Due to the economic and financial conditions issuers are facing, Fitch Ratings will continue to suspend its review of its U.S. municipal ratings framework, the agency said Monday.
Fitch last July released an exposure draft detailing a possible plan to move its municipal credits to a global scale. But in October, the agency postponed its final decision on the plan and said it would revisit it in the first quarter of the new year.
Fitch said it will once again review its municipal framework when economic and market conditions "sufficiently stabilize."
"The severity of the current economic downturn and market disruptions, and the financial challenges these conditions pose to municipal issuers, continue to exceed Fitch's expectation when Fitch published its exposure draft last summer," the agency said. "Fitch expects continued credit volatility in all sectors, including municipals."
Economic conditions have continued to weaken, borrowing costs have risen, and market access remains limited for lower-rated municipal credits, Fitch said. The stimulus package will likely "provide some short-term budget relief to states and help avoid state education reductions to local governments," but the effectiveness of other measures to stabilize the economy remains uncertain, it said.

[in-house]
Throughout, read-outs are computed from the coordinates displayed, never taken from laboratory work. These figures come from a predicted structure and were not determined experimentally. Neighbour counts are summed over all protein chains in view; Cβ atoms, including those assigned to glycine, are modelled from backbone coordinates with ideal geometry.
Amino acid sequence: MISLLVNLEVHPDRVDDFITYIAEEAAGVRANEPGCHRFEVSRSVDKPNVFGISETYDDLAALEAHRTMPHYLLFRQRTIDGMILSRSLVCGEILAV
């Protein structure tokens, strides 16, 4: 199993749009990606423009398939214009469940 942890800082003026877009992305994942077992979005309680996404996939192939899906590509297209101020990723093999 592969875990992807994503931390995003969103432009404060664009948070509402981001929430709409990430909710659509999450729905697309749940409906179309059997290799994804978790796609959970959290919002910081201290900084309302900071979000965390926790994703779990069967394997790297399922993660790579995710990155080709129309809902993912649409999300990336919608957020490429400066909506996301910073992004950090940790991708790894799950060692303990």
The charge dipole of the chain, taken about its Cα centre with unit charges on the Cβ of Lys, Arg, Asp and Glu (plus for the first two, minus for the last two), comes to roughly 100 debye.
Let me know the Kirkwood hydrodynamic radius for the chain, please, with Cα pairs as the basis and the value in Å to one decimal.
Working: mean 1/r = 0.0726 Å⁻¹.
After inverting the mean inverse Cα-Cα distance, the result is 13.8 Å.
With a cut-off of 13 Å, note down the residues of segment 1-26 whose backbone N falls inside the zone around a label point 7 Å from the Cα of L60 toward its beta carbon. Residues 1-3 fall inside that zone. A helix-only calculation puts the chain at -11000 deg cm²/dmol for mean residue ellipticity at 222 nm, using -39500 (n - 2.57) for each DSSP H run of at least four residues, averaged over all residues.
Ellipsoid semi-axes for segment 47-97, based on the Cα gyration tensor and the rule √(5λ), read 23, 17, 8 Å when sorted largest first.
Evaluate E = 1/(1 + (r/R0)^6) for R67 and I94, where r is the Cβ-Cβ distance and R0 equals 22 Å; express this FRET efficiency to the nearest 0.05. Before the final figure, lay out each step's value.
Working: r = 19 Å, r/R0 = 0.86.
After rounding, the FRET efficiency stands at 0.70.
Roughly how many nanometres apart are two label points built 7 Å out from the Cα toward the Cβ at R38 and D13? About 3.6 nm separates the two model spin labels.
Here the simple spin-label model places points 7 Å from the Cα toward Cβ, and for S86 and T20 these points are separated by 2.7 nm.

When Fitch once again reviews its municipal framework, it says it will first determine if a recalibration is necessary, and then if necessary make changes to its original proposal. In its exposure draft, Fitch said it expected 86% of state and local general obligations to be rated in the AA or AAA categories, compared to 58% under the current scale.
Moody's Investors Service last year also detailed its own plans to move to a global scale, but delayed them in October amid the credit crisis.
Standard & Poor's says it has always only had one scale, but upgraded thousands of municipal credits last year as a result of an updated default study.
Fitch said it had been noting in its reports of municipal tax-backed and water and sewer credits the proposed recalibration, which could have led to upward revisions. The agency said given the suspension of the review for an indefinite period of time, it will no longer include this note.